Every business needs capital to grow and a good regular cashflow is the life blood of all enterprises. Achieving that can often be more difficult and too often businesses are simply financing a bad debt hole.
Most people accept that in order to start a business it will require investment in a number of forms; money, time, energy and probably a fair degree of hope. Those funds may be readily available from external sources like banks, peer to peer lenders, friends, family, grants, even credit cards. So often the drive and vision for the new enterprise overshadows the actual monetary return on the investment and the negative impact of cashflow is felt. Most business owners have an incredibly positive outlook and accept that risk is part and parcel of reward. Many carry this mindset into their sales strategy and whilst the value of sales may be consistently good it’s the collection of invoices that most defines cashflow.
We are currently the only underwriters of Personal Guarantee Insurance in the UK. Several others have made interesting noises about entering the market but with current levels of uncertainty over Brexit and the effect on various trading sectors they have so far been reluctant to dip their toe in the water.
Being the only insurer in the market makes for a greater sense of responsibility. For many company Directors this may be the first time they have been asked to provide a personal guarantee and they are reluctant to commit without insurance. For those that are married this may be the first time their spouse has had to obtain independent legal advice specifically on the true effect of signing a personal guarantee. As you can imagine, the knowledge that all of their personal assets are being exposed upon a single signature can also reduce their desire to commit to the finance they need to grow.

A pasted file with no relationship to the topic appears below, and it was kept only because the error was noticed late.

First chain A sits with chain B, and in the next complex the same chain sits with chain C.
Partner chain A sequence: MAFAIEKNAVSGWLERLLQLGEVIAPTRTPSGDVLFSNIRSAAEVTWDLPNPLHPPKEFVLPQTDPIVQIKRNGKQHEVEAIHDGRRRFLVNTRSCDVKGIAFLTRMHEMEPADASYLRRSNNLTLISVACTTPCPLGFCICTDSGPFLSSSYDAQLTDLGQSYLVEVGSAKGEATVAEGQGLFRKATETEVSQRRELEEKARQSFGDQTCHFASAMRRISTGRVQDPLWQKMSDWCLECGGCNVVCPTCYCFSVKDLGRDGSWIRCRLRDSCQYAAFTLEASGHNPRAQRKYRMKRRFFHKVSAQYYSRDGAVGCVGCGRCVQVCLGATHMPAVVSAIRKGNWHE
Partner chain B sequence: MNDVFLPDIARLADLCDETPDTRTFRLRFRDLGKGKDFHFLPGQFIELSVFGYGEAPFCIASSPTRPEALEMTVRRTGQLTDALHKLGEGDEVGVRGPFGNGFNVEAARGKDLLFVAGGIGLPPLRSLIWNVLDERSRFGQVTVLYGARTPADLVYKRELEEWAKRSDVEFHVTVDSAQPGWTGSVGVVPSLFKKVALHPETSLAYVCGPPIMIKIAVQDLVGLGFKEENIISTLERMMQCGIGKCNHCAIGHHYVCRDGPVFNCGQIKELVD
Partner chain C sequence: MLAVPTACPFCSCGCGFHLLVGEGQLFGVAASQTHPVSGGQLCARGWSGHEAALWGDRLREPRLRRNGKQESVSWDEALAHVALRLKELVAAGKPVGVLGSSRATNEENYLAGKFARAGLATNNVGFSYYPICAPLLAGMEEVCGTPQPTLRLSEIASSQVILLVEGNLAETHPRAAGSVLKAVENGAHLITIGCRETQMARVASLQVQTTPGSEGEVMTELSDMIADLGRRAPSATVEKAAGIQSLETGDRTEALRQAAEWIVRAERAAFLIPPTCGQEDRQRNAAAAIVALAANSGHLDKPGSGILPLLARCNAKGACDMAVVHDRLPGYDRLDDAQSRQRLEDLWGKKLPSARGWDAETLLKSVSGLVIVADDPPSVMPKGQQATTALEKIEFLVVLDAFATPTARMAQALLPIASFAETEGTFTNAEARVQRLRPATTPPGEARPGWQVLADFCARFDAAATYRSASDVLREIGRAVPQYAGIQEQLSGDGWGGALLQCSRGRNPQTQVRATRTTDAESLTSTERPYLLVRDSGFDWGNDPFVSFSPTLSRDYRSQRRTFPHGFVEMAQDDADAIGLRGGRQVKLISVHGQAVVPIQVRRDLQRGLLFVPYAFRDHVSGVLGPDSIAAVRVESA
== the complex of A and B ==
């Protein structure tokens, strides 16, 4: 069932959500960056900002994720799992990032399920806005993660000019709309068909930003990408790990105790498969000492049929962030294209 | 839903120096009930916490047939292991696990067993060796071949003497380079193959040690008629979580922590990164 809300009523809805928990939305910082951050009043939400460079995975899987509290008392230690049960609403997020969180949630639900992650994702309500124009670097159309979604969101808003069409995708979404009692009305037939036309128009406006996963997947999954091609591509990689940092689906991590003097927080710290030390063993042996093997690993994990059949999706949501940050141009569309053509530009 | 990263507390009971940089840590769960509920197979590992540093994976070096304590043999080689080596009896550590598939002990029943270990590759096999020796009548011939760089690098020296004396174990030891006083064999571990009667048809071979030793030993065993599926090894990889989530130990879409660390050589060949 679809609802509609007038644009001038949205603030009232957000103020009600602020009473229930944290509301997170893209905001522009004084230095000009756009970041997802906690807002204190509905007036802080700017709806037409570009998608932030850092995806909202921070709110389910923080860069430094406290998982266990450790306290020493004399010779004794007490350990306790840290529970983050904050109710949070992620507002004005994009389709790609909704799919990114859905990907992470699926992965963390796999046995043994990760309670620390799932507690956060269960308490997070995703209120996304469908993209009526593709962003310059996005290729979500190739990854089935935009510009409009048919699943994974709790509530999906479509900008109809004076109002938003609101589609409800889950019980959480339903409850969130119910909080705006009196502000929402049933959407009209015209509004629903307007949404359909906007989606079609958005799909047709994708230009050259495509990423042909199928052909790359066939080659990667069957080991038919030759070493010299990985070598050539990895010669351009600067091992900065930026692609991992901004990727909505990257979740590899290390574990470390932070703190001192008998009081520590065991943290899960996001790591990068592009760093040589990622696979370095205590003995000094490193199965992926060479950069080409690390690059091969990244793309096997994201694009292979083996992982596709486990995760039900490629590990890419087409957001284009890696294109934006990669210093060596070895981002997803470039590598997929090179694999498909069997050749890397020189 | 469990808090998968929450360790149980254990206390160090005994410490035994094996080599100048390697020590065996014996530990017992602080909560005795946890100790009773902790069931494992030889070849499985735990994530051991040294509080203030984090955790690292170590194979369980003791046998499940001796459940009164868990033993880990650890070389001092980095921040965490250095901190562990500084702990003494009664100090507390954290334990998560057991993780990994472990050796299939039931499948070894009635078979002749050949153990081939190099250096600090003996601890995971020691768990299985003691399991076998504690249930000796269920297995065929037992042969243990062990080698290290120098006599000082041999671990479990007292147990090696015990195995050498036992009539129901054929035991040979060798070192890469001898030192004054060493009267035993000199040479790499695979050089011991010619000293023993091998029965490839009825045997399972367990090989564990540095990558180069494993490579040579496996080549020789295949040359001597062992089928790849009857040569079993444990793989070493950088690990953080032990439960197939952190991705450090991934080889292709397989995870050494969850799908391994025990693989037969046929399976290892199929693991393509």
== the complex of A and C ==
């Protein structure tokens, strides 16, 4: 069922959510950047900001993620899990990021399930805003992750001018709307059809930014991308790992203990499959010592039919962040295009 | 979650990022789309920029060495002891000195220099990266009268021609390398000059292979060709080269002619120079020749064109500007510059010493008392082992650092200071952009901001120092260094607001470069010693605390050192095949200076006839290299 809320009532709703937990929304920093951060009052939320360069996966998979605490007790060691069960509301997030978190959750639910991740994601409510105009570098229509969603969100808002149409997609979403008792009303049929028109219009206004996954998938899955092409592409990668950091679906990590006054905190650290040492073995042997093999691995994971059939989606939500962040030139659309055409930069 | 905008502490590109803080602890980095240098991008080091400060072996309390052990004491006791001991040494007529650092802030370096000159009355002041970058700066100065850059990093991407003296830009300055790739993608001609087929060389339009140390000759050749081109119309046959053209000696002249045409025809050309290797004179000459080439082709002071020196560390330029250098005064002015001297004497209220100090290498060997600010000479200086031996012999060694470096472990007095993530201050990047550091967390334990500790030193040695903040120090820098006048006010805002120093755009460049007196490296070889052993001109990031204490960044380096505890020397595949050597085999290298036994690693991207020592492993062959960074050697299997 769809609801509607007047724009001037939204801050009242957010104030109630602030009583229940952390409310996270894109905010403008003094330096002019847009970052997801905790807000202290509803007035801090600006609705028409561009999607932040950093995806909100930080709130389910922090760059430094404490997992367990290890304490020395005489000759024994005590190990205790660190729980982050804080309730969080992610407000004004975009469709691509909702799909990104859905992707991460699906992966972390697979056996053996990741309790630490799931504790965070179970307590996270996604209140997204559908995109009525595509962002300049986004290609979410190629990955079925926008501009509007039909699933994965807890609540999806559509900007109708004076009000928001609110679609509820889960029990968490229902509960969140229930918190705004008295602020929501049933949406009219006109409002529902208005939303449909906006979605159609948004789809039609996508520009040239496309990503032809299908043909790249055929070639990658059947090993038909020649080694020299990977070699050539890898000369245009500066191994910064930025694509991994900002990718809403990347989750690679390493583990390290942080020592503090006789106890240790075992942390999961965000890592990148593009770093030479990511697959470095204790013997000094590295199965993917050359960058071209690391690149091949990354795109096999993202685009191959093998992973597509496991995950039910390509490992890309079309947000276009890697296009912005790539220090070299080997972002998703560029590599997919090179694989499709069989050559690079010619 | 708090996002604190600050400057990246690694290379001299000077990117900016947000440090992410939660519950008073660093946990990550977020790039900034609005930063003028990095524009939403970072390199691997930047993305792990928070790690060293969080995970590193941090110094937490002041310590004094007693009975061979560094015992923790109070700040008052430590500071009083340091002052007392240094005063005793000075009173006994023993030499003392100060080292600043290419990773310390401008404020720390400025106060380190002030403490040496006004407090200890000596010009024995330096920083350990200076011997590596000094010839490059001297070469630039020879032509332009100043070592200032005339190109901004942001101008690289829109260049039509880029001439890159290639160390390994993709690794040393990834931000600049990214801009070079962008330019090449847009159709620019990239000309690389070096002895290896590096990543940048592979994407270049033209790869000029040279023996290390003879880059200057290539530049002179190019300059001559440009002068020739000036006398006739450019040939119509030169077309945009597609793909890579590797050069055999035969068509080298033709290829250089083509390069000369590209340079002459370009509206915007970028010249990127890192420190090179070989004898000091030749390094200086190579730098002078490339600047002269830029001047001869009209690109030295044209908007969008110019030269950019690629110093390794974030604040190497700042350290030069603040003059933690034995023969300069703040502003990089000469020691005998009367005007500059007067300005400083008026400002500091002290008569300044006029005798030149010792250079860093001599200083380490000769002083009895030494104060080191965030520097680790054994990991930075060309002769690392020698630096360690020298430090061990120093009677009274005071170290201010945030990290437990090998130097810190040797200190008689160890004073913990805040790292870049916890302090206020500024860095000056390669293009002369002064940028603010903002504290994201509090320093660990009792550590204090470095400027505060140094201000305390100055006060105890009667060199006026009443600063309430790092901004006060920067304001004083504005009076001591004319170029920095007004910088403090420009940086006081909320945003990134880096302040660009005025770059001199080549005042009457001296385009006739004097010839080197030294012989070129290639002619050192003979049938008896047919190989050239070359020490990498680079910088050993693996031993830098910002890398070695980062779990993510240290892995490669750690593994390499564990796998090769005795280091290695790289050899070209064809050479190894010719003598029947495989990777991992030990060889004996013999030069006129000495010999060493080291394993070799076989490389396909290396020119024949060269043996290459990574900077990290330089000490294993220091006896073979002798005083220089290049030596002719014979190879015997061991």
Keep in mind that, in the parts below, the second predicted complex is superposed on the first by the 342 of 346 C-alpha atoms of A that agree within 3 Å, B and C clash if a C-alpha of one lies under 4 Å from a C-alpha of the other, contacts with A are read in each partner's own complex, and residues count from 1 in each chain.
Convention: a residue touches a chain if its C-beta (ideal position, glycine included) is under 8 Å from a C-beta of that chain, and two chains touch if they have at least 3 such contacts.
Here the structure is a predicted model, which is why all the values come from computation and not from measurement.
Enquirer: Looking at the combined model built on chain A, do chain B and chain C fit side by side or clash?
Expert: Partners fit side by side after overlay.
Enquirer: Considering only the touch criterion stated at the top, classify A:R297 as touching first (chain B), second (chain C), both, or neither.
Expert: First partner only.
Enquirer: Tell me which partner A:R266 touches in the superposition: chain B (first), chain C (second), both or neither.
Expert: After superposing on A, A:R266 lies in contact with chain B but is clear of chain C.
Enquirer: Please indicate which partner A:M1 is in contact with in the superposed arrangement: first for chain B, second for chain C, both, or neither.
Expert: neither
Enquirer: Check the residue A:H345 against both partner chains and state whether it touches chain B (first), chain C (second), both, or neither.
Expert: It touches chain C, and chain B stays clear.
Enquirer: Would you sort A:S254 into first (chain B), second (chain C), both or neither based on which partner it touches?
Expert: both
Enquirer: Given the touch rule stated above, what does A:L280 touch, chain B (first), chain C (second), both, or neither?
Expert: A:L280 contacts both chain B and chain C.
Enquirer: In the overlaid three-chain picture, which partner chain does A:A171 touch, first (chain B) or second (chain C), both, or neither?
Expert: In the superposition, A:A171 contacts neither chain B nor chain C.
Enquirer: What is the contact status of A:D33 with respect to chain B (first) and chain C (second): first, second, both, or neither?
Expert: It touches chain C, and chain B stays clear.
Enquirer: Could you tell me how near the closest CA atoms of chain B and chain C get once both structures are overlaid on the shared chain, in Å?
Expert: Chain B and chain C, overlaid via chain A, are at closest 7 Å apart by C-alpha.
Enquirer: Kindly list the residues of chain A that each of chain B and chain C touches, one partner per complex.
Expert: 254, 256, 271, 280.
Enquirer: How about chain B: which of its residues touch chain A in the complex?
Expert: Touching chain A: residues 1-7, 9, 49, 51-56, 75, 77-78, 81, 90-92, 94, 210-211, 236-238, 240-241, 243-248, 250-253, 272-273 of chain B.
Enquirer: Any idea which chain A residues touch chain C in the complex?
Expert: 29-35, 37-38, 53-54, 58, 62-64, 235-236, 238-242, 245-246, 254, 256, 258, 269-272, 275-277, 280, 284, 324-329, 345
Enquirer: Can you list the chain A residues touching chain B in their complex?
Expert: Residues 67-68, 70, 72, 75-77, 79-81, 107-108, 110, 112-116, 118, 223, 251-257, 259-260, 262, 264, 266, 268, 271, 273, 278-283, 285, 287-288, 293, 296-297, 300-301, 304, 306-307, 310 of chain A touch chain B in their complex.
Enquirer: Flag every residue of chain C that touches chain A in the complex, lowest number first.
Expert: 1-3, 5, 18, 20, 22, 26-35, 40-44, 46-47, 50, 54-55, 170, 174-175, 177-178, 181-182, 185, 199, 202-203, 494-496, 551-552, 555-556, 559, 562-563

March 2019 sees a couple of fairly major events for me. First of all, I hit sixty, something I’m ill prepared for and to be honest I’m probably looking to come to some sort of a deal to remain at 59. Then just over a week later is the matter of a Brexit Exit. I’m not sure that Theresa May is having a better time here either. Over the last few months she’s learned to dance like me, wear bad suits and look increasingly old, we’ve a lot more in common that I first thought. Meanwhile I have no more knowledge of the full ramifications of the effects of a deal/no deal/no idea deal than I had when the word “Brexit” first appeared on my news feed a few years back. However, I now receive calls from policyholders every week describing their fears of the potential effect on their business post Brexit. Some are very real fears, some are simply fear of the unknown.
There are an estimated 4.5 million Personal Guarantees signed by company Directors in the UK alone. Since the recession it’s rare to find a lender that doesn’t ask for a Personal Guarantee if they are extending facilities to a limited company. Most Directors are reluctant to sign Personal Guarantees for the simple reason that if everything were to go wrong the likelihood of losing their home is amongst their greatest fears.
Accompanying the Personal Guarantee is normally a request to seek independent legal advice as to the enforceability of the guarantee and to acknowledge the likely effect on personal assets should the Personal Guarantee be called in.
The FCA's July discussion paper invites us to share our opinion on the ‘duty of care’ we owe our clients. Its asks for interested parties to consider: